Tourism is one of the largest and most profitable industries in the world today. Yet the vast majority of tourist guidebooks focus on a small, elite segment of the population and encourage consumption and spectacle as the primary way to experience a place. These representations do not reflect the reality of life for most urban residents—including people of color, the working class and poor, immigrants, indigenous people, and LGBTQ communities—nor are they embedded within a systematic analysis of power, privilege, and exploitation.

A People’s Guide is a series of guidebooks that uncover the rich and vibrant stories of political struggle, oppression, and resistance in the everyday landscapes of major cities. These books tell histories from the “bottom up,” and show how landscapes are the product of struggle.

To discuss the series for the #AAG2021 virtual conference, we interviewed series co-editor, Laura Pulido. Laura Pulido is Professor in Indigenous, Race & Ethnic Studies and Geography at the University of Oregon. Among her books is Black, Brown, Yellow, and Left: Radical Activism in Los Angeles.

How did this series originally come about?

We published A People’s Guide to Los Angeles in 2012. While working on the book and afterwards we gave many presentations on the project and we would regularly get inquiries from people who were interested in developing a similar project for their cities. People were inspired by the idea so we discussed doing a series with Kim Robinson, and we all agreed it would be a good idea. Since A People’s Guide to Los Angeles was published, there have been a number of exciting counter-mapping and history projects across the world. People are really hungry to think about the power dynamics that create places and how to challenge dominate tourist narratives.

We’re now several years into the series, with four People’s Guides currently in print. How has the series delivered on and potentially expanded your original goals?

We’ve realized our initial goal of publishing a series of books based on the APGTLA model, but it has taken much longer than we anticipated and far more work. It took almost ten years for the first book, Boston, to be published. Editing this series is very different from a typical book series because all of the projects have to follow a template. It took us awhile to figure out how to streamline this process and figure out when and where authors could deviate from the template. Under the best of conditions, these books take years to produce – they are expansive, complex, expensive, collaborative projects and require an extraordinary level of commitment on the part of the authors. Having said that, we are thrilled with the published books and very excited about the forthcoming titles. We are also working on a website for the series as a whole.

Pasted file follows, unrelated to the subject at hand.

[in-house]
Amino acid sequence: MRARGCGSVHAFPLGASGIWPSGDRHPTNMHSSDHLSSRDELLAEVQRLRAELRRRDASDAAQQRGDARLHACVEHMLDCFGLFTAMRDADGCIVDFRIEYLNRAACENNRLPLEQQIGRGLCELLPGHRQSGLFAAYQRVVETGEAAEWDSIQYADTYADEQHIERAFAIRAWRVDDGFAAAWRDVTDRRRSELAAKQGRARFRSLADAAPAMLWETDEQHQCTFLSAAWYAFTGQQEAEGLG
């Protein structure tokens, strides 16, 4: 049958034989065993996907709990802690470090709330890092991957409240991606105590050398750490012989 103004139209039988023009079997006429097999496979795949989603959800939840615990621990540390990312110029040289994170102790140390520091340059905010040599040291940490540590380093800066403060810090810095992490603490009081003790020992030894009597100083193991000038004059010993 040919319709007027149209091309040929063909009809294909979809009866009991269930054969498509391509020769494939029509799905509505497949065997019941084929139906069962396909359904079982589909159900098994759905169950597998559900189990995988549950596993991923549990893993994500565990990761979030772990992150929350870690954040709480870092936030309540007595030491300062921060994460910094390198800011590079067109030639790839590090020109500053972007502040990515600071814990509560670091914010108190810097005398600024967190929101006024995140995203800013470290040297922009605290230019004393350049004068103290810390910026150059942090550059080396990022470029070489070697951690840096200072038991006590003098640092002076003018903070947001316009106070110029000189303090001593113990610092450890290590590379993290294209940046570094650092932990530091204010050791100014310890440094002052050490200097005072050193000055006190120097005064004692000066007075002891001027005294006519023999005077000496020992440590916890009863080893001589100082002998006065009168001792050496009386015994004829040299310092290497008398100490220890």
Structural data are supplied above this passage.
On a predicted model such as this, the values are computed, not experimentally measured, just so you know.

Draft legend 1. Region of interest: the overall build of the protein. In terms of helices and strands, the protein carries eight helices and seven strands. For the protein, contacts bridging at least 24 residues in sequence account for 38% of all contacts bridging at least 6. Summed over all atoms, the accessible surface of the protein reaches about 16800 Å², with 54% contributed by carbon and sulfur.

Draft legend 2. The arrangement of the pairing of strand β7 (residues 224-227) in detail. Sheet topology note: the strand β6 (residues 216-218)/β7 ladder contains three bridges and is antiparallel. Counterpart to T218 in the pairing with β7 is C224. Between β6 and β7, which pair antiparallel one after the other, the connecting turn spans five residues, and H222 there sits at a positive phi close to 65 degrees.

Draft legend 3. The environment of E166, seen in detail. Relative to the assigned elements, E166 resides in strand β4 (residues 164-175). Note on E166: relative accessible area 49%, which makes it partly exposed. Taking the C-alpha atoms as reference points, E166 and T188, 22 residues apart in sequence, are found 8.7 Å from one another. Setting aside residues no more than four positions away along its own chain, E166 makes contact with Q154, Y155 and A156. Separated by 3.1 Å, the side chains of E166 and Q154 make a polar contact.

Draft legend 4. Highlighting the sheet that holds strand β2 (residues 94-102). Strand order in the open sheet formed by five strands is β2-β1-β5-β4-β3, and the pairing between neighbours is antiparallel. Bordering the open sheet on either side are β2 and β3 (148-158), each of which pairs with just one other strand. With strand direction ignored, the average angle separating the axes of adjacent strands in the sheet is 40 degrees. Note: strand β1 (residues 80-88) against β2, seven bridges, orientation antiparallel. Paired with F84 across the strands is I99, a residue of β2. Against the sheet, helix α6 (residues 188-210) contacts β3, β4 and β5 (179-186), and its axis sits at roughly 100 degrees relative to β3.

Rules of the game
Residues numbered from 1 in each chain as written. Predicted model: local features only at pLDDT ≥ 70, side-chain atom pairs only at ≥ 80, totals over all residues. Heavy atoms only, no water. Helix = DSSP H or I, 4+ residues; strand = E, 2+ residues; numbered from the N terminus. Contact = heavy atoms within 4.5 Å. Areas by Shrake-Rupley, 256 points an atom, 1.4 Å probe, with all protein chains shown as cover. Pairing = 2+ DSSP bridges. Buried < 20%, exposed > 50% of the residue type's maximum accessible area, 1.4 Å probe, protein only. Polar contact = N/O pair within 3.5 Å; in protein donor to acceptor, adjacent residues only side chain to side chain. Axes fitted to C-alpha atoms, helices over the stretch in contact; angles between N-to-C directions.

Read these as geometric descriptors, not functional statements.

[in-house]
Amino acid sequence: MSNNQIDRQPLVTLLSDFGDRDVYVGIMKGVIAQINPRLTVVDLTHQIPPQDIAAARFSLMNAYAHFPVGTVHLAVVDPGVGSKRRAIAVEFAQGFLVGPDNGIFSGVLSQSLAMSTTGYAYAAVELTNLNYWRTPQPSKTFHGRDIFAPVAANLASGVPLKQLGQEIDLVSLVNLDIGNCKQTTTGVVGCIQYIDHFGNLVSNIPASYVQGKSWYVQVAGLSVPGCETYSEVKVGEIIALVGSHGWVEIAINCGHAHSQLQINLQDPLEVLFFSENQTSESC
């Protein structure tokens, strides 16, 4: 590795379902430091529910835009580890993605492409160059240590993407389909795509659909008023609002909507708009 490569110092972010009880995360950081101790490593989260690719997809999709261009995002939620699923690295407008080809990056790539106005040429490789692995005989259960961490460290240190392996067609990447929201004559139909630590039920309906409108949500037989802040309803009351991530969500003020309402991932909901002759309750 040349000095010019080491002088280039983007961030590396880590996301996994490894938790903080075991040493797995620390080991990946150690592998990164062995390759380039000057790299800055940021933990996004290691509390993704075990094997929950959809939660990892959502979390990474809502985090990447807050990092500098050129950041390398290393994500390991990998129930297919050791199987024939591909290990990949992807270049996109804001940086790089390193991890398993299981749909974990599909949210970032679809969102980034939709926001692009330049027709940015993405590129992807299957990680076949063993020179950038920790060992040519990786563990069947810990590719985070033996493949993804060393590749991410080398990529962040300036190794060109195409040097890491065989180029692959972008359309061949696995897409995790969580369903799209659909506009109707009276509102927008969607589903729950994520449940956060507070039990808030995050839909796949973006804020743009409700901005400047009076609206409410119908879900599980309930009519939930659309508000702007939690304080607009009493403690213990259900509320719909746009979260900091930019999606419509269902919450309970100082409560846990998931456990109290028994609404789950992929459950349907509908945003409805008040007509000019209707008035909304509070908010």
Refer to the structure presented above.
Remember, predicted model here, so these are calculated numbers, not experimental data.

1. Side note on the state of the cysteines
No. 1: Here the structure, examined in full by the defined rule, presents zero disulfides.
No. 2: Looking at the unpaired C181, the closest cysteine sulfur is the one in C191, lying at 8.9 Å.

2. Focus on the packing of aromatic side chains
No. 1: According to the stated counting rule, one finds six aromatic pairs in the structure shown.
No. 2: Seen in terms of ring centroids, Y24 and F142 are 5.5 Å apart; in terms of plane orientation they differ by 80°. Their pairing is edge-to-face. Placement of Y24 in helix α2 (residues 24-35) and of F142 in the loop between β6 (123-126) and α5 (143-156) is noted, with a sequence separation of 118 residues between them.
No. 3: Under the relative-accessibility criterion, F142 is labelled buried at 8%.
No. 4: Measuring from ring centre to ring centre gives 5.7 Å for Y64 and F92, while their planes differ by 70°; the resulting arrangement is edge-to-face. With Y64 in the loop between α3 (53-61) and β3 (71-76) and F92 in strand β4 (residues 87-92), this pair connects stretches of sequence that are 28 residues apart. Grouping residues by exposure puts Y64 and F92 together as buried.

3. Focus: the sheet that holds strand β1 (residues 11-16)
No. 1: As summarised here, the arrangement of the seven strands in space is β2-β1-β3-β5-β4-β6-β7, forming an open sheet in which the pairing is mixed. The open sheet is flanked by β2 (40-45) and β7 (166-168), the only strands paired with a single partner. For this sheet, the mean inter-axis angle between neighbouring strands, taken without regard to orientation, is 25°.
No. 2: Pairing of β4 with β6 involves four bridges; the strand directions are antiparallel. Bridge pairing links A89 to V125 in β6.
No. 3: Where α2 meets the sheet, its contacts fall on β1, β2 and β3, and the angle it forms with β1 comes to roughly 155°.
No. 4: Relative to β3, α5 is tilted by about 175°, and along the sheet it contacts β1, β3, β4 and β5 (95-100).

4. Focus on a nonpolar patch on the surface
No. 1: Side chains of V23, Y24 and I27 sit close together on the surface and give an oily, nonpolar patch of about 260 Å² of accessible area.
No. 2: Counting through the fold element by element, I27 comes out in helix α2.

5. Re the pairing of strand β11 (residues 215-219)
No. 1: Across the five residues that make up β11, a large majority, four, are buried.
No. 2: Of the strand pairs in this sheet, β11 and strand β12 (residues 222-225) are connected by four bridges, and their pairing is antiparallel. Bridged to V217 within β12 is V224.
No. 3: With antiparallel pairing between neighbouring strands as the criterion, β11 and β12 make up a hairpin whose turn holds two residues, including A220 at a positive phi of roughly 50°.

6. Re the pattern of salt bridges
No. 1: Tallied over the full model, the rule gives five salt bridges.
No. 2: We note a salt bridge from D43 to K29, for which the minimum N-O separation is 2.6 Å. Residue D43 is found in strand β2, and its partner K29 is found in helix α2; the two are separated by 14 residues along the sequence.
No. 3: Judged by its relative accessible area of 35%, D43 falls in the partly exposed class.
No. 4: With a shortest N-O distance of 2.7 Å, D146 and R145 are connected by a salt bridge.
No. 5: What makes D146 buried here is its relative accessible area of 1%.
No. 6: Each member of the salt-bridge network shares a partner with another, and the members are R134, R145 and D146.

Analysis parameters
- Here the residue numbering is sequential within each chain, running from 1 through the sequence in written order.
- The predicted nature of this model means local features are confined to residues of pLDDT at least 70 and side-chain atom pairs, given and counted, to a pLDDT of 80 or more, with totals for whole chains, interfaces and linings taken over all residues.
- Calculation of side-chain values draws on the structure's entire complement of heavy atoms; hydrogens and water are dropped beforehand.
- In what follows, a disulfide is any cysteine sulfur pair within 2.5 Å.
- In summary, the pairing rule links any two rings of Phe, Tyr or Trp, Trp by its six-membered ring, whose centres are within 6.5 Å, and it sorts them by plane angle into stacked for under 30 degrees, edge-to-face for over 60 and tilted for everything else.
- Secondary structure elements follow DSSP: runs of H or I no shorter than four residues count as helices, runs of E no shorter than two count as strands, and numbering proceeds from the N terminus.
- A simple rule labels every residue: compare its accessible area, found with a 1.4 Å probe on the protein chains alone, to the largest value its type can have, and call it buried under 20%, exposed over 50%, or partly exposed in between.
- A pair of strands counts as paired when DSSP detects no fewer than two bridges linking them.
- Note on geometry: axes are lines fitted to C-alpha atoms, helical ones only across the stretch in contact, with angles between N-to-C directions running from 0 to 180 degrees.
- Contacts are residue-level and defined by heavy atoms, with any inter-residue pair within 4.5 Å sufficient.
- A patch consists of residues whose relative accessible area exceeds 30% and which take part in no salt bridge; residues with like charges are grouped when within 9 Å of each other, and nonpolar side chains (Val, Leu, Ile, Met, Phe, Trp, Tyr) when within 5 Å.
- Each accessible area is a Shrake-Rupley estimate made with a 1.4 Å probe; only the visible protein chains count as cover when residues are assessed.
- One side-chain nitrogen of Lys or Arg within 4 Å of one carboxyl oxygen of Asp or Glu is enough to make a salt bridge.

People are really hungry to think about the power dynamics that create places and how to challenge dominate tourist narratives.

Laura Pulido

How are cities selected?

There are two ways places are selected. First, we sometimes target particular cities, try to identify potential authors, and invite them to consider such a project. Far more often, people contact us and say they would like to do A People’s Guide for their city. We then work with the team to see if a project is viable for their city. While we led with larger cities, we are now in a place where we can consider multiple kinds of places.

Can you tell us more about the recent and forthcoming A People’s Guides in the series?

One of the next books that will be coming out is A People’s Guide to New Orleans. We are really excited about this topic given the importance of the city and its unique history. This will also be our first title in the South. We hope to develop more projects in the South, Midwest, and beyond the US. We are especially interested in the Global South and unconventional geographies, such as the border region. 

What has been the most exciting part of working on this series?

For me, one of the most exciting things about working on the series is getting to know the individual teams and getting a “crash course” in learning about different cities. As a geographer, I am deeply interested in other places and their histories and landscapes and this is a great way to learn about them. I had dreams of visiting the various teams and touring some of the sites in the book, but this has not really happened yet. Hopefully soon!